It was one of those “Eureka” moments in the lab of University of the Pacific scientist Dr. Mamoun Alhamadsheh.
“I don’t believe this, I had to repeat this and I had to repeat this personally because I didn’t trust what the student was doing,” Dr. Alhamadsheh told FOX40.
He and his researchers narrowed 130,000 drug molecules down to 200, and then finally one. That one molecule may be the cure for a rare form of heart failure called “Familial Amyloid Cardiomypothy.” It’s a project he’s been working on for five years.
“In the blood you have like 5,000 proteins and this drug goes and binds to this one,” he said.
The disease is a mutation of a protein that absorbs Vitamin A and affects four percent of the African-American populations. The only current cure or even treatment is a heart and liver transplant.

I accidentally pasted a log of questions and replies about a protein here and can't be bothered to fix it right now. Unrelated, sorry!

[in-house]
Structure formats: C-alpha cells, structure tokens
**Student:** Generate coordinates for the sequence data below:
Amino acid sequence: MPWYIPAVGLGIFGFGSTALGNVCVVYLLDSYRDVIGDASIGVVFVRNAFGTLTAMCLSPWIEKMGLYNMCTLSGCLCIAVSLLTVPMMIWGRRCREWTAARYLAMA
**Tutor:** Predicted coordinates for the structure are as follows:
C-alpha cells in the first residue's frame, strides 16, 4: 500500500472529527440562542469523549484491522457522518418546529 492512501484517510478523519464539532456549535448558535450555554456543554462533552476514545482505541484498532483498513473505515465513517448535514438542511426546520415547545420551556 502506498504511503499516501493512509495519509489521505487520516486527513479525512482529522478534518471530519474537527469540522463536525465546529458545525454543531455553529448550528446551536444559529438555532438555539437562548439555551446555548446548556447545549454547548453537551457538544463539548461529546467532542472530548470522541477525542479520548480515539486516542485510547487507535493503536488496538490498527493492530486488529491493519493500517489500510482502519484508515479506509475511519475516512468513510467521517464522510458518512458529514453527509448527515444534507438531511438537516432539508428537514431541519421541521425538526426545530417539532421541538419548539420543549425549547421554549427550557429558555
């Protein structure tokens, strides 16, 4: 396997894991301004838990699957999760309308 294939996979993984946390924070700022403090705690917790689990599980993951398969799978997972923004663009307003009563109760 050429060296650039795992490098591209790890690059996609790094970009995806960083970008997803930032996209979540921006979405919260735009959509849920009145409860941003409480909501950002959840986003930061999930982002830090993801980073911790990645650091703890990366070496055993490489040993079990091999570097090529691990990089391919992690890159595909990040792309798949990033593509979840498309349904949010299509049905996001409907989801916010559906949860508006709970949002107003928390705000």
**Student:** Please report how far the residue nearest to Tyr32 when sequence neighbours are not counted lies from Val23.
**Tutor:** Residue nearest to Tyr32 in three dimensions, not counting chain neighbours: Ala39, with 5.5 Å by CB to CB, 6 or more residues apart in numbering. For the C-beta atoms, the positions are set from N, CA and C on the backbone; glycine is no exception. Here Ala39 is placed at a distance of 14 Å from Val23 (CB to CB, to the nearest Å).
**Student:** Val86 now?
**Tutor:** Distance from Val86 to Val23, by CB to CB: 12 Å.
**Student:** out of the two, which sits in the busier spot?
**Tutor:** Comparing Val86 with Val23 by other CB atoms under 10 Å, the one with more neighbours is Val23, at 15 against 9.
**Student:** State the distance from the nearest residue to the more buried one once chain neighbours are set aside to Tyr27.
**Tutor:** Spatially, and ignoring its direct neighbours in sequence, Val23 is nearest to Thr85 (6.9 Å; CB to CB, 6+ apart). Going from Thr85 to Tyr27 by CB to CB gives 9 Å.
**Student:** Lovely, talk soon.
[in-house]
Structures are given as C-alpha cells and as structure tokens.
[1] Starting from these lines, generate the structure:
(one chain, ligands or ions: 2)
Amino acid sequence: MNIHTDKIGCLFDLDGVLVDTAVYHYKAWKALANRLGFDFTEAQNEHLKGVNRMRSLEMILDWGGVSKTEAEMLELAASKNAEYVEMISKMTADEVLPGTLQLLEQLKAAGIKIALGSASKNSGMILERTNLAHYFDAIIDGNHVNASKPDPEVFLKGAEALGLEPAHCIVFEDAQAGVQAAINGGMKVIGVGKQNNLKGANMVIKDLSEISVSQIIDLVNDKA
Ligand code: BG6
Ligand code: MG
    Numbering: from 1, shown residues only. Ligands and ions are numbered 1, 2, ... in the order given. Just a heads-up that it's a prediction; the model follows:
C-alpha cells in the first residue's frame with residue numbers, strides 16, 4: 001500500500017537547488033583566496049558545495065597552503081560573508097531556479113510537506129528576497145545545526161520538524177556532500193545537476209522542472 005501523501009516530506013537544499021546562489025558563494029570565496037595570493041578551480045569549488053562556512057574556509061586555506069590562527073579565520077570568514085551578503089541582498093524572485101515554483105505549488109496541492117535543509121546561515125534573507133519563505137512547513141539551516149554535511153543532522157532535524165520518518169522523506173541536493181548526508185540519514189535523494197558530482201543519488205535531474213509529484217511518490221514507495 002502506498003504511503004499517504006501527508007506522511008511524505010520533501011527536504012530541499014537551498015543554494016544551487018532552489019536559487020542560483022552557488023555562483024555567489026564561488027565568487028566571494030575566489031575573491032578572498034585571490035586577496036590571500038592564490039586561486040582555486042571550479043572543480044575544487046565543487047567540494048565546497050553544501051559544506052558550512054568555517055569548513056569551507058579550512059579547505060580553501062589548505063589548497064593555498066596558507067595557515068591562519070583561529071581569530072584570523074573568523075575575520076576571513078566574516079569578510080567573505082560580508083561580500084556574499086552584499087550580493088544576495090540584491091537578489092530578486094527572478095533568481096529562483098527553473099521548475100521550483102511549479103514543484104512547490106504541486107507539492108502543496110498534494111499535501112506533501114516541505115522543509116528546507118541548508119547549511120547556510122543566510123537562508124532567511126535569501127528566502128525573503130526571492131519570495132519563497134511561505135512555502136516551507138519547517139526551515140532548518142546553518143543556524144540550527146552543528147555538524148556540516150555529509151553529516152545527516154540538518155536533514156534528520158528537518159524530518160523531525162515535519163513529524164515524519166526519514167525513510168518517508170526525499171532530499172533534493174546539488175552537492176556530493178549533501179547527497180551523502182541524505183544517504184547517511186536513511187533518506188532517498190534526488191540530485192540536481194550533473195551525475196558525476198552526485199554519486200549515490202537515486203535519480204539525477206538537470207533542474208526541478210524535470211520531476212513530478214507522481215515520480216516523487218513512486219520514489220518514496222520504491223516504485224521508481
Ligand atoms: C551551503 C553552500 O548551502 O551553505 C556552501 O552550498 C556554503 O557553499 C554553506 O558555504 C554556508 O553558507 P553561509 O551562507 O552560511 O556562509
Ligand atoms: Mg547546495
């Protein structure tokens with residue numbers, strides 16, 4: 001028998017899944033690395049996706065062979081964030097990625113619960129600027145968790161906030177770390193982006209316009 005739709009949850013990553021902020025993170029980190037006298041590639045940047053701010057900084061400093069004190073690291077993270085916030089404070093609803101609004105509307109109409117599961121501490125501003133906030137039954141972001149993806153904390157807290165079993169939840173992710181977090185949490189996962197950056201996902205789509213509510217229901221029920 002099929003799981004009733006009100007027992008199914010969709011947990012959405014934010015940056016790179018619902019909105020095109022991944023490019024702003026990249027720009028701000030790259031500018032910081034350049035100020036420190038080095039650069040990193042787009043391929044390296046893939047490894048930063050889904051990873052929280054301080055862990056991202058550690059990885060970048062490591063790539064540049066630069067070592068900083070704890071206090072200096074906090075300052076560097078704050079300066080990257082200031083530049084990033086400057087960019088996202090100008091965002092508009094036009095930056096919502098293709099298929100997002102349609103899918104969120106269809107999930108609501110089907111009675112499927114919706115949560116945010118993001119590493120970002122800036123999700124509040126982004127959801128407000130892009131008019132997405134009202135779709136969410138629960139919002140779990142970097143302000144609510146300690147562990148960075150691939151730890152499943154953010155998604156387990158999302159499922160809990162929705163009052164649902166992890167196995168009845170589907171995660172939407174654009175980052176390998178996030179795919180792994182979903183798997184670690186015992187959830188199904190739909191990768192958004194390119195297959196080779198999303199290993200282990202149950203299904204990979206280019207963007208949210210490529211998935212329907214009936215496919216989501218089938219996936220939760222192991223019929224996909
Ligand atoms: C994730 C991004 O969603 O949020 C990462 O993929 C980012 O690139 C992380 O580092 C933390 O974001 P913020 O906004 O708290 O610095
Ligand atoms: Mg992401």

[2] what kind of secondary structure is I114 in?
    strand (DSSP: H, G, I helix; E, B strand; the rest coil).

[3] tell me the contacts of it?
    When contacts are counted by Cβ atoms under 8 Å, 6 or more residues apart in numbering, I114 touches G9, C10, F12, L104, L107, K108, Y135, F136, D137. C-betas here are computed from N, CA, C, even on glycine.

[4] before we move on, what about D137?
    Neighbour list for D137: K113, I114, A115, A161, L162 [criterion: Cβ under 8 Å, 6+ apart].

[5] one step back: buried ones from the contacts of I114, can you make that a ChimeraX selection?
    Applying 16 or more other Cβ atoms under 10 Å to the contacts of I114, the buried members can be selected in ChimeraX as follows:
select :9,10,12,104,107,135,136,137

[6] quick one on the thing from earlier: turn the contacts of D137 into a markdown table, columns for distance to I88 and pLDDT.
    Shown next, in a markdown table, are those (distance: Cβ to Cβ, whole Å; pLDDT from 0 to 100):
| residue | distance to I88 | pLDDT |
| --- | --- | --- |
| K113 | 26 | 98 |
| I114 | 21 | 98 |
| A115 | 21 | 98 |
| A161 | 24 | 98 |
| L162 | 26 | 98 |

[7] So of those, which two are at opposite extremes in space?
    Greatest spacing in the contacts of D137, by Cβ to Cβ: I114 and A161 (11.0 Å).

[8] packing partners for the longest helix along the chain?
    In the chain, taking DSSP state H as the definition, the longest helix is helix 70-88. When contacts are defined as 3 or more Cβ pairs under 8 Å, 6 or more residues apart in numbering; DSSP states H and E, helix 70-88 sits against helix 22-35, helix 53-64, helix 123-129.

“At the age of 60 it starts falling apart and clumping in the heart muscle, making it large, thick inefficient and within two to three years it causes death,” Dr. Alhamadsheh said.
The drug discovery has already passed animal testing phases with flying colors and is headed from the Stockton lab to human trials.
“Imagine finding a cure for so many people that have this kind of diseases,” said Dr. Alhamadsheh.
The next step in moving the drug from the lab to the hands of the sick is funding, likely somewhere around $5 million to get through FDA Phase One and Phase Two human testing.